“I have talked to hundreds of companies in the last five years,” he says, adding that they often point to the value of their amassed IoT data, but admit that they haven’t made money from selling it to third parties. “Not a lot of people seem to actually be making coin from it.”

Privacy and competitive advantage is a concern for many industrial firms. Many of Petasense’s customers want their data used only for training their own equipment, explains Santhebennur. This brings another advantage, by making Petasense increasingly valuable to the customer over time as it trains its analytics model on more of the customer’s specific IoT data.

“Especially as you uncover real problems, failure data is also training those models. It’s a very rich data set that was not there before,” he says. “It becomes extremely valuable.”

Once a company’s machinery is outfitted with vibration sensors, how does the technology provider expand its revenue from that customer? Santhebennur sees two opportunities.

The first involves bringing predictive maintenance to a whole class of smaller companies that couldn’t access that data before. The second will see Petasense launch other types of sensors to measure equipment in different ways.

“There are everything from valves, steam traps and electrical panels. There are all kinds of machines that a maintenance organization is responsible for,” Santhebennur says.

Advice for hardware startups

His advice to other industrial IoT companies trying to monetize hardware is to plan several hardware cycles ahead. “Getting hardware right takes several iterations, so plan on having several versions of the product before it becomes commercially available,” he says.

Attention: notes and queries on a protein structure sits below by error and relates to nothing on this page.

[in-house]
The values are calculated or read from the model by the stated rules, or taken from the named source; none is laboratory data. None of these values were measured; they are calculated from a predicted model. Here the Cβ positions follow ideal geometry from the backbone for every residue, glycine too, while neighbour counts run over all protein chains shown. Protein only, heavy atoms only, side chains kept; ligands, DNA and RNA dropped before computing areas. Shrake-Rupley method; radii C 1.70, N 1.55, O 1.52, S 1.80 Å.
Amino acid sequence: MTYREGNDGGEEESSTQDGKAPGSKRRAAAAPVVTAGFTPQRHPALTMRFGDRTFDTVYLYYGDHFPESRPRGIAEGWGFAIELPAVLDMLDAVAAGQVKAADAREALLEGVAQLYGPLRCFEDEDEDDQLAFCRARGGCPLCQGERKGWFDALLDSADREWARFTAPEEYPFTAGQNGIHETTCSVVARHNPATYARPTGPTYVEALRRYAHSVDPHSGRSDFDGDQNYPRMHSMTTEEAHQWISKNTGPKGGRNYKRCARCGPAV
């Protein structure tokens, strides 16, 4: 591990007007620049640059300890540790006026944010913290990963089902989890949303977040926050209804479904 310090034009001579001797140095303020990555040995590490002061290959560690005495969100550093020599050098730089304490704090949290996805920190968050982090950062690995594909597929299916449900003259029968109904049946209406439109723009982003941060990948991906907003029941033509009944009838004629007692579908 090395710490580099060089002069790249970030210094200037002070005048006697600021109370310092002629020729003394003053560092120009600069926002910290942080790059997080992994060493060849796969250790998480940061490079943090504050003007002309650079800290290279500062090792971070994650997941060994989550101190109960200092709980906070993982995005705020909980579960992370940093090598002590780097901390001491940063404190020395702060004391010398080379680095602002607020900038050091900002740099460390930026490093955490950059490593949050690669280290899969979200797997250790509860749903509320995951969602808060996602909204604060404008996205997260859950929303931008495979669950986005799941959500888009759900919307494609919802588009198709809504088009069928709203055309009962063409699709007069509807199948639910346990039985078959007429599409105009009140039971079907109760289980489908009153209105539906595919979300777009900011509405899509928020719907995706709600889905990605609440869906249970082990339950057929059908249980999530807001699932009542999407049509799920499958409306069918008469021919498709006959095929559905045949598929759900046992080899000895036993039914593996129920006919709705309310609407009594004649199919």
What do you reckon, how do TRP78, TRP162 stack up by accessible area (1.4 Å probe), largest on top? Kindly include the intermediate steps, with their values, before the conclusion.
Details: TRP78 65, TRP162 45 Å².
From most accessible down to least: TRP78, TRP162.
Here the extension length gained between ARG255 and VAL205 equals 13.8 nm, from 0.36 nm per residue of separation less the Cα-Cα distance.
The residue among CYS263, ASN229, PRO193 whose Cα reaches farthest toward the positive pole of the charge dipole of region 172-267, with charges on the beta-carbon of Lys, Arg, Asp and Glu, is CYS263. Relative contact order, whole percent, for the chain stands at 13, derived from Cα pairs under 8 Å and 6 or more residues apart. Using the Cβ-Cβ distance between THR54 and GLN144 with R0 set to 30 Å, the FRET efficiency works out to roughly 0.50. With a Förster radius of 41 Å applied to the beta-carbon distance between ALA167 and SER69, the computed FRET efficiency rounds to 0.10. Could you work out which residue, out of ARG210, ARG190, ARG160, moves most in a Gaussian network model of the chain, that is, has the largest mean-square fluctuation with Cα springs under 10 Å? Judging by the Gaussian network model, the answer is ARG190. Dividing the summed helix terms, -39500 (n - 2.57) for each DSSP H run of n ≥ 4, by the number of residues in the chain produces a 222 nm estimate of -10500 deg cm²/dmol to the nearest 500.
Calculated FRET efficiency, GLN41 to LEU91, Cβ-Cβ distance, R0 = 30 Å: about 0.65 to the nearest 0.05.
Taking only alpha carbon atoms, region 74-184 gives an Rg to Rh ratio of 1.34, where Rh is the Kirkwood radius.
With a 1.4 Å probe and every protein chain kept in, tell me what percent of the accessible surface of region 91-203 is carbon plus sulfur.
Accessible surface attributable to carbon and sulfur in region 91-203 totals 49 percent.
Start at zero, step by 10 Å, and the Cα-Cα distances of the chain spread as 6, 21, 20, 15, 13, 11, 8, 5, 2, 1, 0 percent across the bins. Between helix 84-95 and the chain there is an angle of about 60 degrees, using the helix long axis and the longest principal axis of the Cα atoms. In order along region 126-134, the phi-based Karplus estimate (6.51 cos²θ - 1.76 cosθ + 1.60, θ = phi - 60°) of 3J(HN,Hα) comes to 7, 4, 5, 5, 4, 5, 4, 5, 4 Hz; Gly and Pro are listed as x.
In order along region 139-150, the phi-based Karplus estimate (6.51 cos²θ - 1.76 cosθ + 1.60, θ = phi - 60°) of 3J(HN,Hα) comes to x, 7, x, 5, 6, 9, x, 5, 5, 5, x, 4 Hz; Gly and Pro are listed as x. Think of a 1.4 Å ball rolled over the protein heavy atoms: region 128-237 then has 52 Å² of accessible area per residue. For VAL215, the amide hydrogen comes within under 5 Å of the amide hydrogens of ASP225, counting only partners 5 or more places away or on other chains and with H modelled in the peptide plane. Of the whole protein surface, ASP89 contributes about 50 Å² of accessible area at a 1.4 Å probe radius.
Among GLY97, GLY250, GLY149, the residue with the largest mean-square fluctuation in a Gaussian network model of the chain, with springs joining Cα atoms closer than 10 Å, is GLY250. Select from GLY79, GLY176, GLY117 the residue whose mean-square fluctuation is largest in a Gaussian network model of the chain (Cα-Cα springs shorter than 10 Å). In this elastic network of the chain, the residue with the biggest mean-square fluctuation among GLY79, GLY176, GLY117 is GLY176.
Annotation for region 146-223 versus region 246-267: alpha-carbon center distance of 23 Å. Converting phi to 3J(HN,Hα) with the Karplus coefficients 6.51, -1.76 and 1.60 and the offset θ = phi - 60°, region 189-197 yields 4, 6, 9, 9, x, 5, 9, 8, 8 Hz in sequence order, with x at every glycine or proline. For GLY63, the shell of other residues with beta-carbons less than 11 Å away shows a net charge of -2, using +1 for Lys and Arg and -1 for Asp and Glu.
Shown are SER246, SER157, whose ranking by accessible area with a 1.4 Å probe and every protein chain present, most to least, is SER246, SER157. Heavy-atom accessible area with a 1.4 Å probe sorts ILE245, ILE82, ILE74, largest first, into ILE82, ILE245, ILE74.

Santhebennur also warns that cloud-based sales are challenging for industrial customers not used to buying solutions under that model. “That’s the change you need to bring. It’s a matter of them getting more comfortable and seeing the benefits.”

That comes from helping industrial customers to quantify the potential ROI from the subscription-based service. “What’s your unanticipated repair cost?” he asks. “What’s the cost of keeping spares? They quickly get the business value of predictive maintenance.”

As companies continue to mix service and capital sales models, Stewart sees processor technology pushing the models still further, moving intelligence from the cloud to the edge.

While Petasense’s business focuses on detecting trends in equipment performance, Stewart envisages machine learning models embedded directly in sensors. These could expand service offerings into new applications such as real-time fault detection.

“Their advantage is that they’re low latency. If I can put machine learning on a device, I can stop a turbine whirling in a thousandth of a second,” he says, adding that this wouldn’t be possible if you sent data to the cloud and back for analysis. “That round-trip latency could be more than enough for a turbine to tear itself to pieces.”

As the technology underpinning the IoT continues to evolve, no doubt the business models will, too. In the meantime, companies like Petasense have their work cut out for them in persuading customers to embrace a new, cloud-centric way of working with all the security and privacy concerns that brings. Success guarantees a recurring revenue model for many years to come.